Egyptian official is bomb target

November 26, 1993|By Los Angeles Times

CAIRO, Egypt -- Islamic militants exploded a powerful car bomb yesterday that narrowly missed Prime Minister Atef Sedki and blasted a nearby school, killing a young girl and injuring at least nine others.

Mr. Sedki, whose armored car escaped the explosion by only seconds, was the third senior Egyptian official targeted in recent months in a wave of fundamentalist attacks.

The incidents have crippled Egypt's tourism industry and left the nation stunned by the pervasive violence and the massive police crackdown that, so far, has failed to halt it.

The Jihad (Holy War) organization, the group that assassinated former Egyptian President Anwar Sadat in 1981, claimed responsibility for yesterday's assassination attempt and defiantly challenged the government's claims that it has halted Islamic militant activity in Egypt.

"This operation is a sign of the lie of the regime when it claims to have finished the Jihad group," the organization said in a statement faxed to an international news agency. "With the will of God, Jihad will rain blow upon blow on the regime, continuing on the path of holy war until Egypt is freed from American and Jewish occupation."

The group said it was also avenging the government's crackdown on Jihad and its sister organization, the Gamaa al-Islamiya, whose spiritual leader Sheik Omar Abdel-Rahman is now facing charges in New York in connection with the World Trade Center bombing.

The Egyptian government has sentenced 38 Islamic militants to death in the past year, 18 of whom have been executed.

Mr. Sedki, 63, is the nominal head of the Cabinet in Egypt but wields little actual power in the government of President Hosni Mubarak.

Nonetheless, the attack against him demonstrates how far the government is from controlling the Islamic militants, who injured powerful Interior Minister Hassan Alfi in an Aug. 18 bomb blast that killed five and injured about 20 others. Information Minister Safwat Sharif was injured in April when gunmen posing as security guards opened fire on him as he left his home.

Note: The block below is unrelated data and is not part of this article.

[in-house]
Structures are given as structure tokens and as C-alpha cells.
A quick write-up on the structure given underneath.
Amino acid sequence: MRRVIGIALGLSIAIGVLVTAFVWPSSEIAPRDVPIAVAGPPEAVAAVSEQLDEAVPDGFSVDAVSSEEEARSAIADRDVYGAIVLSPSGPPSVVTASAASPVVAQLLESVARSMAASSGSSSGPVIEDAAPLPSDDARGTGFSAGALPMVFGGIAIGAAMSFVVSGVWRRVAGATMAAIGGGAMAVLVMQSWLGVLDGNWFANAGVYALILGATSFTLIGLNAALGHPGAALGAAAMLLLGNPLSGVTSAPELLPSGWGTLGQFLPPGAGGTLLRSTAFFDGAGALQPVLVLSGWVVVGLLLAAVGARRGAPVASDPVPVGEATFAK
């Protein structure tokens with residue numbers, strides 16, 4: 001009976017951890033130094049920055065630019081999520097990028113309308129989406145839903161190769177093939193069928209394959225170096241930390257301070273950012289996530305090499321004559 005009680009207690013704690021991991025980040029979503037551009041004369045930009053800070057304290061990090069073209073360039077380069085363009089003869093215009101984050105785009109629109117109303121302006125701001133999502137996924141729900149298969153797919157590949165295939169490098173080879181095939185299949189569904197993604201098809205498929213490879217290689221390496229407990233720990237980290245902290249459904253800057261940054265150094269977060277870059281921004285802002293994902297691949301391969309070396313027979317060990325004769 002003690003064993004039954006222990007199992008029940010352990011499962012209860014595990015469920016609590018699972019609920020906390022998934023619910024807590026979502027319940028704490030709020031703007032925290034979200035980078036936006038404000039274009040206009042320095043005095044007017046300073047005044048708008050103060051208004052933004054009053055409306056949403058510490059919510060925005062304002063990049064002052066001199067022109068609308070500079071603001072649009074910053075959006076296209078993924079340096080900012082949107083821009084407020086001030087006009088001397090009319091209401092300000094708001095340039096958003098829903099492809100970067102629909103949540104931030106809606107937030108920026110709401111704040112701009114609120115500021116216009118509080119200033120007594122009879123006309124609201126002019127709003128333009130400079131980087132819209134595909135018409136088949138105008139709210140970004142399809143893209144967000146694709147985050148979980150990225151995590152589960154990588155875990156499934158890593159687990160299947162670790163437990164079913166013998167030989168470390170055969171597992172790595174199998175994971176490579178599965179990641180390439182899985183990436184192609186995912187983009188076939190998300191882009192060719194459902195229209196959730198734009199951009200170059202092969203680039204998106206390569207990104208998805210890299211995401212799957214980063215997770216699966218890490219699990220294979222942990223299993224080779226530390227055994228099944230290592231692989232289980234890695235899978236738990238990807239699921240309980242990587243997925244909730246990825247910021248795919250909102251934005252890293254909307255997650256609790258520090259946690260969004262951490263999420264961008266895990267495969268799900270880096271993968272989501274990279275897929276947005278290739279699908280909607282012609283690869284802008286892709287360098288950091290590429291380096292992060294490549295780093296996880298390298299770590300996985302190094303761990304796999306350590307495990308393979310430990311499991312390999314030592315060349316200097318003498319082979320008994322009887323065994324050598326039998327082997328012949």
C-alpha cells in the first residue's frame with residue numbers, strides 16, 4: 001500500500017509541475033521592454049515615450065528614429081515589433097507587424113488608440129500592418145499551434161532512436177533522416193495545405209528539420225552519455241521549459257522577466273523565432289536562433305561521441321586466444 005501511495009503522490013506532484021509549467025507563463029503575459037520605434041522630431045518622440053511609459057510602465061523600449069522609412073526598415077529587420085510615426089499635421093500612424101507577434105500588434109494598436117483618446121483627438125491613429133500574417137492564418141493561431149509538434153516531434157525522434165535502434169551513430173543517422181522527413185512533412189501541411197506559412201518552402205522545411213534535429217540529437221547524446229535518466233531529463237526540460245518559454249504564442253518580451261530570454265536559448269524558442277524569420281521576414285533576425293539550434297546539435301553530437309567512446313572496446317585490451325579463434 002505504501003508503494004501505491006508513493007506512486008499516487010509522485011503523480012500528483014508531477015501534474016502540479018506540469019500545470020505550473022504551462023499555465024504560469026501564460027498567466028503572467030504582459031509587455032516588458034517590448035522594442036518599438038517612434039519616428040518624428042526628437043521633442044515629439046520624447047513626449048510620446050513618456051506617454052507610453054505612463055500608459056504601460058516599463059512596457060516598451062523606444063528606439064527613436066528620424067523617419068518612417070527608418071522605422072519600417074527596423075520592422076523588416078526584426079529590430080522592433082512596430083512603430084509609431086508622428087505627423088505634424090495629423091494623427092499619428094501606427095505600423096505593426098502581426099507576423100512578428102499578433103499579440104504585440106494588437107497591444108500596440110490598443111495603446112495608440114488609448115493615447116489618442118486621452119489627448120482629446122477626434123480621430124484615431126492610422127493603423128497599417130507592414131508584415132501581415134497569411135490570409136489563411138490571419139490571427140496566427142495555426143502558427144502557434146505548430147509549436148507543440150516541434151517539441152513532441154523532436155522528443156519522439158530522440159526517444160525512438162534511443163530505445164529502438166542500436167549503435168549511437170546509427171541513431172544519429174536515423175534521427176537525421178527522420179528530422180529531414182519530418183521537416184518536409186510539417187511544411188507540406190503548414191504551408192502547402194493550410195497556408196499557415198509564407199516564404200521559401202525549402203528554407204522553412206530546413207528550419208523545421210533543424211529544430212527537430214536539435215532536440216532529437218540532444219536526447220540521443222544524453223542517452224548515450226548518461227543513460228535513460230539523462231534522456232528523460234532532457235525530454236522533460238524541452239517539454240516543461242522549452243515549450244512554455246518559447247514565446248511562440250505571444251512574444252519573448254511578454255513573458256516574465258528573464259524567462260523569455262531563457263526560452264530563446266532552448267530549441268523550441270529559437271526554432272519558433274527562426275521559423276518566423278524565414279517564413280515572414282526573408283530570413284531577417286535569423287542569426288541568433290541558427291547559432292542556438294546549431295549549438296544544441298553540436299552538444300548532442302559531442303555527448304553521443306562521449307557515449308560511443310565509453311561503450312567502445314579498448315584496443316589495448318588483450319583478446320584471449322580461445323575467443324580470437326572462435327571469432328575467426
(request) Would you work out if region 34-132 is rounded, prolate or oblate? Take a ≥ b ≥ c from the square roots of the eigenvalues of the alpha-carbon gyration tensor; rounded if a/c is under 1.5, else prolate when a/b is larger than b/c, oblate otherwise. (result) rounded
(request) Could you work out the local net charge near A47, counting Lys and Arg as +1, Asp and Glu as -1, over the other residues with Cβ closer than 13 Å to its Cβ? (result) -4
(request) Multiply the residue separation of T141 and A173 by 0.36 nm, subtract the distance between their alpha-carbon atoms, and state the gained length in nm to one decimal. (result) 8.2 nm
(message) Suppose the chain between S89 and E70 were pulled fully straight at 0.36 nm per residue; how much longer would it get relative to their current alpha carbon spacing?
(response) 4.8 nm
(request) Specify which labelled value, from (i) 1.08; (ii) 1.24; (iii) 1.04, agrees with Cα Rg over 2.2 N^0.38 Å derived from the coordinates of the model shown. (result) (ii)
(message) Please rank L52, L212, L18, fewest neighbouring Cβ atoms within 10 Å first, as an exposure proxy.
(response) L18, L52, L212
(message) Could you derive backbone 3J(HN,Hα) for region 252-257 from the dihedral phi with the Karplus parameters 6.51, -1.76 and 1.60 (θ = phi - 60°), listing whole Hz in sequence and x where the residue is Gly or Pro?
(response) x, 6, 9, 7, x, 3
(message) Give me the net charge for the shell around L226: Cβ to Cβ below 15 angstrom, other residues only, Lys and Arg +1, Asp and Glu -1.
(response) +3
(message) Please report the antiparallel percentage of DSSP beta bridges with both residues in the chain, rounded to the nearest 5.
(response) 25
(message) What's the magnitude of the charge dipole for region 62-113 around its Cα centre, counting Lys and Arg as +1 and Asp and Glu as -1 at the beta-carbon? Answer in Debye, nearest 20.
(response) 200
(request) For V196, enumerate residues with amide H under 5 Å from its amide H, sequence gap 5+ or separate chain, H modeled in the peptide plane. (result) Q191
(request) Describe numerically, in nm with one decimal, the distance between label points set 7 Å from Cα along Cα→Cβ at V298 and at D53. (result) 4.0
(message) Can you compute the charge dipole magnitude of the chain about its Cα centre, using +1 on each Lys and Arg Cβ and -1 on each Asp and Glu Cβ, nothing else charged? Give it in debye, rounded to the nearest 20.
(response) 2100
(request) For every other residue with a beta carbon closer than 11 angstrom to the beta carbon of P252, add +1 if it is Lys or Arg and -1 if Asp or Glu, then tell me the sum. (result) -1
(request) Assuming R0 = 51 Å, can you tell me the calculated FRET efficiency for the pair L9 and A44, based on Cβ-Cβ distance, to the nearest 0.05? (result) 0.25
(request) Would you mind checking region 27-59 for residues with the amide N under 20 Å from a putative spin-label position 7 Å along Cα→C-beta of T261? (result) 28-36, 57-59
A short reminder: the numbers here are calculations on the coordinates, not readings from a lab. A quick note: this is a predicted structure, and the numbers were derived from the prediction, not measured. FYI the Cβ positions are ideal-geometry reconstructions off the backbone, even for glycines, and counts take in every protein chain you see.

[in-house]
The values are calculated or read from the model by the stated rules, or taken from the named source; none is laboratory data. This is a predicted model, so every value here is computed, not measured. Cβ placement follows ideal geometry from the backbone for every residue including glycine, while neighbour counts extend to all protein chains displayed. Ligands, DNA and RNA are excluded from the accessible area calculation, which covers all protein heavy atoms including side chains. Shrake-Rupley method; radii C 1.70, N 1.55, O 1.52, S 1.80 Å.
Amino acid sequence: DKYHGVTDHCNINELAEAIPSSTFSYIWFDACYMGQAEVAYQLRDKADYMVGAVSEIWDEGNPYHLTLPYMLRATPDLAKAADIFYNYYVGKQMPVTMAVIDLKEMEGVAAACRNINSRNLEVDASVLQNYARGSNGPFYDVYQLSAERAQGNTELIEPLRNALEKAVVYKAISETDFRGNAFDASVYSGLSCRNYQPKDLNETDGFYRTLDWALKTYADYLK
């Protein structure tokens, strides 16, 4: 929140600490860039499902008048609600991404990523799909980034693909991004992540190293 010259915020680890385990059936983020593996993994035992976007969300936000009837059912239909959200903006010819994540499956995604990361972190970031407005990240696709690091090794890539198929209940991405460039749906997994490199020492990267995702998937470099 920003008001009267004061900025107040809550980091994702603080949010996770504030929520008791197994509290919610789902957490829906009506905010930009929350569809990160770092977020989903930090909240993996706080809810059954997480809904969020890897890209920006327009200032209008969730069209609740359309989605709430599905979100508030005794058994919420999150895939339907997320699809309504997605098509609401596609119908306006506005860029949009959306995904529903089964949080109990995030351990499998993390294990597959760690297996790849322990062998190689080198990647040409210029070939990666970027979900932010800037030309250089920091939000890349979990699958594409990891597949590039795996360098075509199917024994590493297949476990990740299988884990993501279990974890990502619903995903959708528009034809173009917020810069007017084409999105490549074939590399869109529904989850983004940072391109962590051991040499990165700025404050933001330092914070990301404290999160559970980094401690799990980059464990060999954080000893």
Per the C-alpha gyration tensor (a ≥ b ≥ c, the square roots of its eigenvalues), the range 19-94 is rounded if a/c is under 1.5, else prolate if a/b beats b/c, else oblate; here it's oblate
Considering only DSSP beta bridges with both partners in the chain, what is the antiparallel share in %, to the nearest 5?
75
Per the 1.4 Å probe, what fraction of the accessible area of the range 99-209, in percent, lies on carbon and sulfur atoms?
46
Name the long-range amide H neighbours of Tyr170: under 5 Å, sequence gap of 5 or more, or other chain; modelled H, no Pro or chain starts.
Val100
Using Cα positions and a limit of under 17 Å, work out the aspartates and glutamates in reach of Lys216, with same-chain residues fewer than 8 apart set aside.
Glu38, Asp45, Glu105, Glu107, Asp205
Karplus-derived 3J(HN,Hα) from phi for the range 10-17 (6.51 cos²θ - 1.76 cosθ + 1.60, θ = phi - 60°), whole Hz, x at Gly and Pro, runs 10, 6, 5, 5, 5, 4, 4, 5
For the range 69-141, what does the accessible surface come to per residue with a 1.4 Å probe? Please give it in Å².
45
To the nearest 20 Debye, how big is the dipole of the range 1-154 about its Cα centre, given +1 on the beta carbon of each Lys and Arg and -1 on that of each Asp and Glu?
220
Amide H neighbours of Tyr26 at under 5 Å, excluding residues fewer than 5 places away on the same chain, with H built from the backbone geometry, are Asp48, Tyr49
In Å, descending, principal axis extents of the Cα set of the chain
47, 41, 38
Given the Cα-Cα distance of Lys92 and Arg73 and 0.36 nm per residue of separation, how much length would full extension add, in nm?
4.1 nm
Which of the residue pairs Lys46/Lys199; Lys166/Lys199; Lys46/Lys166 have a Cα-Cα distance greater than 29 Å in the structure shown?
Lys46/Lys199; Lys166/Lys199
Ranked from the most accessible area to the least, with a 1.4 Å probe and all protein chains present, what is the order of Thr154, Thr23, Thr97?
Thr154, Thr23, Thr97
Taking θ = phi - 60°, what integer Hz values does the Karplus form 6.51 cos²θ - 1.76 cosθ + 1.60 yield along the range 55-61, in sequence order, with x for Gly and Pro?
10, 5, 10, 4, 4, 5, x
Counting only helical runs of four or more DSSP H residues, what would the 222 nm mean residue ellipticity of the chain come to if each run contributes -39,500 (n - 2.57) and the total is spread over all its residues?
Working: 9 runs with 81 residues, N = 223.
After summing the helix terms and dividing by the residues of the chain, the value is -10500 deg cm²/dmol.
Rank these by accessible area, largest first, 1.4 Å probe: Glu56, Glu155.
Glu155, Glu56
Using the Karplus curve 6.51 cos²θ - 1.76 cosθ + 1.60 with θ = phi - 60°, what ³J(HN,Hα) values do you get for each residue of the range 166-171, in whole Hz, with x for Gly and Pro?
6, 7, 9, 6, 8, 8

In yesterday's attack, a car that had been parked for days near Mr. Sedki's home in the posh Cairo suburb of Heliopolis exploded shortly after noon as the prime minister and his motorcade left on their usual route to his office in downtown Cairo.

Mr. Sedki, who went past the car only seconds before it exploded, probably escaped injury only because his vehicle was armored, witnesses said.

The bomb set at least eight cars on fire and blew the windows out of a nearby school, killing a student and demolishing a nearby wall. Students ran screaming from the building down a stairway covered with blood.

Islamic militants have painted the Egyptian regime as corrupt, unresponsive and a puppet of American and Israeli interests. Their claims initially won some sympathy from an Egyptian public increasingly estranged from political power and angry over a deteriorating economic situation in this poverty-ridden nation of 58 million people.

But the militants lost public support when attacks turned from violence against police, government officials and foreign tourists to include dozens of ordinary Egyptians.

At least 216 people have died in the violence in the past 18 months.

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